Sunroom – Thursday afternoon
“It makes me sad that I didn’t fill my life with more. I shouldn’t complain, but I’m an old, old man now and all I have left are my complaints.” Jon said to Mrs. Branbury. She appeared to not be breathing, then a sudden snort erupted from her tiny face startling Jon, sending him to the back of his seat.
“Nothing else has any meaning anymore,” Jon said.
‘One hundred. That will be my final accomplishment. How many can say they made it to that milestone. Well, not many I suppose, though you must be commended for your outstanding achievement Mrs. Branbury. I sense magic in your number. Does having one hundred years under your belt earn immortality? I know that is a silly thought, but it is mine. Legacy. I know too well about the lives that came before me. As much as can be known. I am from them, their spawn, as are thousands and thousands of others. My cousins around the world, yours too. But what about my legacy? I know those that are alive around me now but what about their children and their children after them and after them for the next thousand generations. I will be in them, but I will never know them. That makes me sad. I feel Snorri is in me, though I am not like him. He was brilliant but such a selfish man.’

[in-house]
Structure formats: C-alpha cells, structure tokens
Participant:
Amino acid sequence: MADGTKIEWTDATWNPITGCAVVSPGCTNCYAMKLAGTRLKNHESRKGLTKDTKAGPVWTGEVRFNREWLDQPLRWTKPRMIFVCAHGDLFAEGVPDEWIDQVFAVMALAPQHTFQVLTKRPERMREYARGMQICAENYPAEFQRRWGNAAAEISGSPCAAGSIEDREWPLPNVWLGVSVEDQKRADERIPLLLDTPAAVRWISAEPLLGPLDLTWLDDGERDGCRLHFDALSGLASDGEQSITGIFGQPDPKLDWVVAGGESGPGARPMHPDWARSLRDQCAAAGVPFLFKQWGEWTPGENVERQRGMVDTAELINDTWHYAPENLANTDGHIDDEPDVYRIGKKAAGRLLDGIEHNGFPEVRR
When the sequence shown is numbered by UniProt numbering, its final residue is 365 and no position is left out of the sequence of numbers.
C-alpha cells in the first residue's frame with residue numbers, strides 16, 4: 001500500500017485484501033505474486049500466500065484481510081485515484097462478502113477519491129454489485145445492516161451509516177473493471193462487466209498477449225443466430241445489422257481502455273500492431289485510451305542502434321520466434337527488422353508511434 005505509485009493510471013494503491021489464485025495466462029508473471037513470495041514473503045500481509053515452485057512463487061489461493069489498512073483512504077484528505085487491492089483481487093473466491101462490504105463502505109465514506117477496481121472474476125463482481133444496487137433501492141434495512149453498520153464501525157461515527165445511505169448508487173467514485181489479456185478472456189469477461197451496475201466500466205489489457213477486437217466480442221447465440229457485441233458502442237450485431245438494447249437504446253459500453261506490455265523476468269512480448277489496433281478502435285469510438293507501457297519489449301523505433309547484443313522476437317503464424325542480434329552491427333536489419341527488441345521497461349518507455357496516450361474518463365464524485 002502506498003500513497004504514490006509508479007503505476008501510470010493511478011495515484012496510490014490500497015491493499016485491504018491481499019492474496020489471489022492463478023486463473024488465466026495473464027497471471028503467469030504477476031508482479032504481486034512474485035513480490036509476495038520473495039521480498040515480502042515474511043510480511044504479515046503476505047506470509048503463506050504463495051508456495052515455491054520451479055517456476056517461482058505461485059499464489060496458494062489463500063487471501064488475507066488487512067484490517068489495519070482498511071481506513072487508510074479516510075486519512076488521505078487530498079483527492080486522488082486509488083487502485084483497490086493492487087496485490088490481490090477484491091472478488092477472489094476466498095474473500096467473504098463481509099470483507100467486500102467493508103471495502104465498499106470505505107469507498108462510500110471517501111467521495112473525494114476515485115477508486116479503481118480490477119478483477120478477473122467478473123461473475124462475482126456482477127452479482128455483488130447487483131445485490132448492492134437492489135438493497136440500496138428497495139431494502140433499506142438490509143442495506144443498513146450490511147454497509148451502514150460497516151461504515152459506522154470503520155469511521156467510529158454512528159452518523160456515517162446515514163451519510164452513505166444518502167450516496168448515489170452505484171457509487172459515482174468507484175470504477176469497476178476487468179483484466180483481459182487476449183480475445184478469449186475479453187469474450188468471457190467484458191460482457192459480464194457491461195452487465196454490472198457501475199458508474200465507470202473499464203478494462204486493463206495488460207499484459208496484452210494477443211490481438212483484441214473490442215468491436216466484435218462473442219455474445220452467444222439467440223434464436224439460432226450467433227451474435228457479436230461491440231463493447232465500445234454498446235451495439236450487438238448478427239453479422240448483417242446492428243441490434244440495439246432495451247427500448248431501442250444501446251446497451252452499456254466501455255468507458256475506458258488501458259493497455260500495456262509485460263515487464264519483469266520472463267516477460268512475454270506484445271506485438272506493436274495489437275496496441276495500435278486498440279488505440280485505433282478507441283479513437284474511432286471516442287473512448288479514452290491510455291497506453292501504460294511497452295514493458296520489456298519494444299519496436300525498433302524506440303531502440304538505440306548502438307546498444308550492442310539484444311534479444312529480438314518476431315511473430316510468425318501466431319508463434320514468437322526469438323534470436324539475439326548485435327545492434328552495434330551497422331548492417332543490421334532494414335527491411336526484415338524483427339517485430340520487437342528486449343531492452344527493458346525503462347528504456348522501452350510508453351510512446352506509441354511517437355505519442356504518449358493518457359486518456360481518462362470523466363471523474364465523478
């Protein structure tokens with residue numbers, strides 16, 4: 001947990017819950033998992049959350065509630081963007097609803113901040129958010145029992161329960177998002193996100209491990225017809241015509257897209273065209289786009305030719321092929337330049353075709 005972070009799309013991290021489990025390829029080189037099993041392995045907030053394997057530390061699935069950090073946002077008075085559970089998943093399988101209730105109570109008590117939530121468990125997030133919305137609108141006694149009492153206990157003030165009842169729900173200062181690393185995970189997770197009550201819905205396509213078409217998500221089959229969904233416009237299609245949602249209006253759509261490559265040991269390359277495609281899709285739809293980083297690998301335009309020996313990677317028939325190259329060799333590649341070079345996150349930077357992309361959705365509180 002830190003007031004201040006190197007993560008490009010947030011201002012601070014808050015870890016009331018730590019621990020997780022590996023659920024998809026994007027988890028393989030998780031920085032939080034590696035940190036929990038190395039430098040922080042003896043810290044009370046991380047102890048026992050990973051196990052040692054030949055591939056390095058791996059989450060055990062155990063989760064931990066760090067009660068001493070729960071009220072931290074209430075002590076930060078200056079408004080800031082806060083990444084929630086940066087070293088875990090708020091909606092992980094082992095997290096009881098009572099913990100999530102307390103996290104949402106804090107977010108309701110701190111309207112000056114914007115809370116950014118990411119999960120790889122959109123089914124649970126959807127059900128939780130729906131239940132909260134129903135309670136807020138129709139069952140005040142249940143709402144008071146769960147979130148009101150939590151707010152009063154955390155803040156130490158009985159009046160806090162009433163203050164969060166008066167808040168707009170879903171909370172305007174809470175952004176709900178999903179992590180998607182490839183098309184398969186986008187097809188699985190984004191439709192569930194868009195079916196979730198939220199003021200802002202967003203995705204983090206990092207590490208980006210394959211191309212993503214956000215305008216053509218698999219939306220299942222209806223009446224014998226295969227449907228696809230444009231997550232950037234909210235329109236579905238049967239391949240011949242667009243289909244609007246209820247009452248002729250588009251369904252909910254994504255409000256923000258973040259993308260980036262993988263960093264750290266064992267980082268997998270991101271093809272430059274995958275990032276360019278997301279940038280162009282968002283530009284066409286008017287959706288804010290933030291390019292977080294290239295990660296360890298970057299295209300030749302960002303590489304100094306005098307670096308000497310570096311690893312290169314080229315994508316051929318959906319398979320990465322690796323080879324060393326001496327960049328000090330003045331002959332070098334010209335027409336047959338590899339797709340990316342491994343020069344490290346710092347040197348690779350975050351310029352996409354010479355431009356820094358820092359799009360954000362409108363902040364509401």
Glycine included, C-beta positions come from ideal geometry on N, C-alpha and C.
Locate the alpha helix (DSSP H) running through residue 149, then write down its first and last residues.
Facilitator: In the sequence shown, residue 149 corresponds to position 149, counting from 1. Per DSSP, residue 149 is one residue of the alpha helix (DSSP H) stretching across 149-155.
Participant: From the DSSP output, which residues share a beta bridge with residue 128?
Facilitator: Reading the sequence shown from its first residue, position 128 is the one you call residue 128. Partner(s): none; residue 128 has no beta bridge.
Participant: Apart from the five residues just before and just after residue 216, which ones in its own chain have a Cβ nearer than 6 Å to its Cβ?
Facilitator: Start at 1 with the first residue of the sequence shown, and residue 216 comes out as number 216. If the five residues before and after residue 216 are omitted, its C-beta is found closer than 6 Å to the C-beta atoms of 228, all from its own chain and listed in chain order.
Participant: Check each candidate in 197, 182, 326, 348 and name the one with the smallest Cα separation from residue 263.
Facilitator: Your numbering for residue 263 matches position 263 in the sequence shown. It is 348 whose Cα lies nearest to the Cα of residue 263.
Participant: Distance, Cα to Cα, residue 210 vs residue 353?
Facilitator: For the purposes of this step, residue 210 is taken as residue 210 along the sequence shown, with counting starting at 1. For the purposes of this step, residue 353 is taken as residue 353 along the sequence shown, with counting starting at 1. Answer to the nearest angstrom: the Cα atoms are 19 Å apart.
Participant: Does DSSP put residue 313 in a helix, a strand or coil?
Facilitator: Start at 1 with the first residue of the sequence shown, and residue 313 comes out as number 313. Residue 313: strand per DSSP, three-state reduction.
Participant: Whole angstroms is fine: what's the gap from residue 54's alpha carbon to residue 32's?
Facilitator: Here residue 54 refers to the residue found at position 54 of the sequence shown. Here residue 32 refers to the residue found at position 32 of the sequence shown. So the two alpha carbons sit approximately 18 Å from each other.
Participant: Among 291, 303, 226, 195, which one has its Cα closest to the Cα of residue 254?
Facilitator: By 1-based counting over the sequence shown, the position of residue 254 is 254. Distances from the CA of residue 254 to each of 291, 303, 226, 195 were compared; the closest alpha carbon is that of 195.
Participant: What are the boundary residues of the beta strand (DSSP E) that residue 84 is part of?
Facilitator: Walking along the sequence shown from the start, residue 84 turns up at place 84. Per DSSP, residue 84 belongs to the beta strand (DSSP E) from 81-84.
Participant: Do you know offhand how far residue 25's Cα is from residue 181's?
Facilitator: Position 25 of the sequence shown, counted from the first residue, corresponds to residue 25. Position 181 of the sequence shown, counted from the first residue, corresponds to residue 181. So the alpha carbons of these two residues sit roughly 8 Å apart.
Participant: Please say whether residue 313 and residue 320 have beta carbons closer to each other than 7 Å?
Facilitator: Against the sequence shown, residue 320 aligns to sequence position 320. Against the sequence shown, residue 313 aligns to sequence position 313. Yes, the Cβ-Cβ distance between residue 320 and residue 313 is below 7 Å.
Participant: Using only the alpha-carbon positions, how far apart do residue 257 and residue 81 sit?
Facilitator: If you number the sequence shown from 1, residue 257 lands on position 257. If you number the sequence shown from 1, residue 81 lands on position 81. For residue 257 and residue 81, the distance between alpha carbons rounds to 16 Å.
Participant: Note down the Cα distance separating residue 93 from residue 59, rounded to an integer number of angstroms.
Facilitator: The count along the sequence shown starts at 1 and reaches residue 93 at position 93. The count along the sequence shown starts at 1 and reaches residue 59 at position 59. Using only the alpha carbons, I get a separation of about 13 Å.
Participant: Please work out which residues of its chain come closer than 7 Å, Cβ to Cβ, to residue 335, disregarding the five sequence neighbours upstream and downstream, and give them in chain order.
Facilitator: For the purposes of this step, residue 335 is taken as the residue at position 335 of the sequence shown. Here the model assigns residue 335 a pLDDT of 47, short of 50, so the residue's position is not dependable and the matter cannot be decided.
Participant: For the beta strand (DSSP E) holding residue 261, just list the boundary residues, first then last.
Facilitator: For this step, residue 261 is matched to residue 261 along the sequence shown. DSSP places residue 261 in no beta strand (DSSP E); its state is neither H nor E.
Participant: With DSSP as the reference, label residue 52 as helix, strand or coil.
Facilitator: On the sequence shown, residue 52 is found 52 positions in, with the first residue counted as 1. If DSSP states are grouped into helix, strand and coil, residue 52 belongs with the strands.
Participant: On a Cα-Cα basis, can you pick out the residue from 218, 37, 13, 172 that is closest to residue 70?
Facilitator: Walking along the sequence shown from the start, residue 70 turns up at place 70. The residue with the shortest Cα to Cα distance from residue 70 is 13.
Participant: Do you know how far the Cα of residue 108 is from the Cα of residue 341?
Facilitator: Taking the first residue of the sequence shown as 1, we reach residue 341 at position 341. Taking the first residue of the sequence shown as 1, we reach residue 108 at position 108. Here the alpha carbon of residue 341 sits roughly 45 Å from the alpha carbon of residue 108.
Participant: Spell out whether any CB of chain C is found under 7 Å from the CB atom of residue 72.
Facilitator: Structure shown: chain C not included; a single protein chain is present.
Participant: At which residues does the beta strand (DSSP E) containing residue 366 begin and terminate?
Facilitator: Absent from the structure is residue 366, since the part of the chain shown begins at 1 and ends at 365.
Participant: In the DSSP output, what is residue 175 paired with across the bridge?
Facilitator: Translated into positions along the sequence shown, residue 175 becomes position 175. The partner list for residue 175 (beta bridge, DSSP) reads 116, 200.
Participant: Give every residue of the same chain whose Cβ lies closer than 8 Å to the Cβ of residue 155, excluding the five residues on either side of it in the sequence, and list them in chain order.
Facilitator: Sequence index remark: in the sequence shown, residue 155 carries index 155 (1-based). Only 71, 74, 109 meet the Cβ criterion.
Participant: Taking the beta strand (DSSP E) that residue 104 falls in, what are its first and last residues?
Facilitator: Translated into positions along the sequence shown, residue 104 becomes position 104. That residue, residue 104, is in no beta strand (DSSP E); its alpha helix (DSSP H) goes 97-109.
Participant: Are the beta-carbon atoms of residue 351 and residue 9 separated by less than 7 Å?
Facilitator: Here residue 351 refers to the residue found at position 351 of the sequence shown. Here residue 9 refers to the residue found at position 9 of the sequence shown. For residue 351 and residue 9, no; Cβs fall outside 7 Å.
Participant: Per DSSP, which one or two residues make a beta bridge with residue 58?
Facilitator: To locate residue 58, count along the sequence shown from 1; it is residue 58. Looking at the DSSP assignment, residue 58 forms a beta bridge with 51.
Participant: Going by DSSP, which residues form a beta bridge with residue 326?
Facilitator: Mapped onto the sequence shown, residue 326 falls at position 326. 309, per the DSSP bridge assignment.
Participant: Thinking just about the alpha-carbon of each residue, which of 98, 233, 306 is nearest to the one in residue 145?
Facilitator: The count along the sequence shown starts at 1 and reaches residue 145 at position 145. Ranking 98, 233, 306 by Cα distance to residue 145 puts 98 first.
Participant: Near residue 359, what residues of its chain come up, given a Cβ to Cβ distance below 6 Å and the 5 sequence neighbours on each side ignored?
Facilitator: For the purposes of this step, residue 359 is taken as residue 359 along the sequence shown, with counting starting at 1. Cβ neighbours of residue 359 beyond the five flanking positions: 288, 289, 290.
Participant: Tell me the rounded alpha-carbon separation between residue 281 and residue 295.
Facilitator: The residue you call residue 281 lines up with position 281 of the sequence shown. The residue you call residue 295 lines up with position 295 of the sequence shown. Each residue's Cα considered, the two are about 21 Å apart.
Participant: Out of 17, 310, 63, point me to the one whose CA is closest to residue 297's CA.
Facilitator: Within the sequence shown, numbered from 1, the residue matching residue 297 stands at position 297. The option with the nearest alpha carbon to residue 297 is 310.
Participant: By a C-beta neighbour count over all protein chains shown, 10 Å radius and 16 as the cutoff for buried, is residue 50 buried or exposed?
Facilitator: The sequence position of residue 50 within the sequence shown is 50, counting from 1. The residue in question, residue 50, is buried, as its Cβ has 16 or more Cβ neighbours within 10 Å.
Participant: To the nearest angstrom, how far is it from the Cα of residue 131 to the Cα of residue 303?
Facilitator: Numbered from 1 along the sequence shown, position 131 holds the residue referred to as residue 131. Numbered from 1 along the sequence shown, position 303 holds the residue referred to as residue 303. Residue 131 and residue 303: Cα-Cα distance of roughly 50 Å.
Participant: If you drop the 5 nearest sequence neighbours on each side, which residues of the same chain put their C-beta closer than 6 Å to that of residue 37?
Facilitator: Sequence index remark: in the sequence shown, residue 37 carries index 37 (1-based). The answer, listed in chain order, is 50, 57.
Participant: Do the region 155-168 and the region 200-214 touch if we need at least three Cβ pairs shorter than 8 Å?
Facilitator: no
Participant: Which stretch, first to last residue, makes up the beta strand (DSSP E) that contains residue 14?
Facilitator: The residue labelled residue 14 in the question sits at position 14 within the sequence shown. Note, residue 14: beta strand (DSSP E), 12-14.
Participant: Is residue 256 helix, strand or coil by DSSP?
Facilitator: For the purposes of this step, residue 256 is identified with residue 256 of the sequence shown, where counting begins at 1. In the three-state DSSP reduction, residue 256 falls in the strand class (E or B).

“His poor wife Herdis,” Jon said.
Mrs. Branbury rubbed a thin line of spittle that had leaked out of the corner of her mouth during her brief nap. Her eyes squinted, nearly closed, they were almond shaped when narrowed, looking almost Chinese, like Mrs. Chin. But Mrs. Branbury’s eyes had a blue grey ring around the cornea, common for many elderly. Jon wondered if she could even see him. Mrs. Chin didn’t have that ring in her eye, nor did Jon.
Several residents made their way to the Sunroom, gathering around Jon, like moths around a light in the dead of night. They took their usual places; all had their spots claimed by seniority at the Lodge. Special nooks for the wheelchaired, turn around areas for the walkers, even a special umbrella holder with a zebra design next to Mr. Z’s chair, for his cane. Jon used it as well.
“It’s all relative,” Mrs. Branbury said, her voice barely audible. “I’ve been in the last stages of my life for the past twenty-five years. They don’t have any idea. Our time comes when it comes, one way or the other.”
Jon opened his book and flipped through pages until he came to the right chapter, ‘The Wives of Snorri Sturluson’. It was the link of genes that fascinated him, like a chain connecting generations across the millennia. He had in his mind that when a person was taken prematurely from their chain, they were an extracted link and their chain was forever broken. Age made no difference if the person was taken by unnatural means.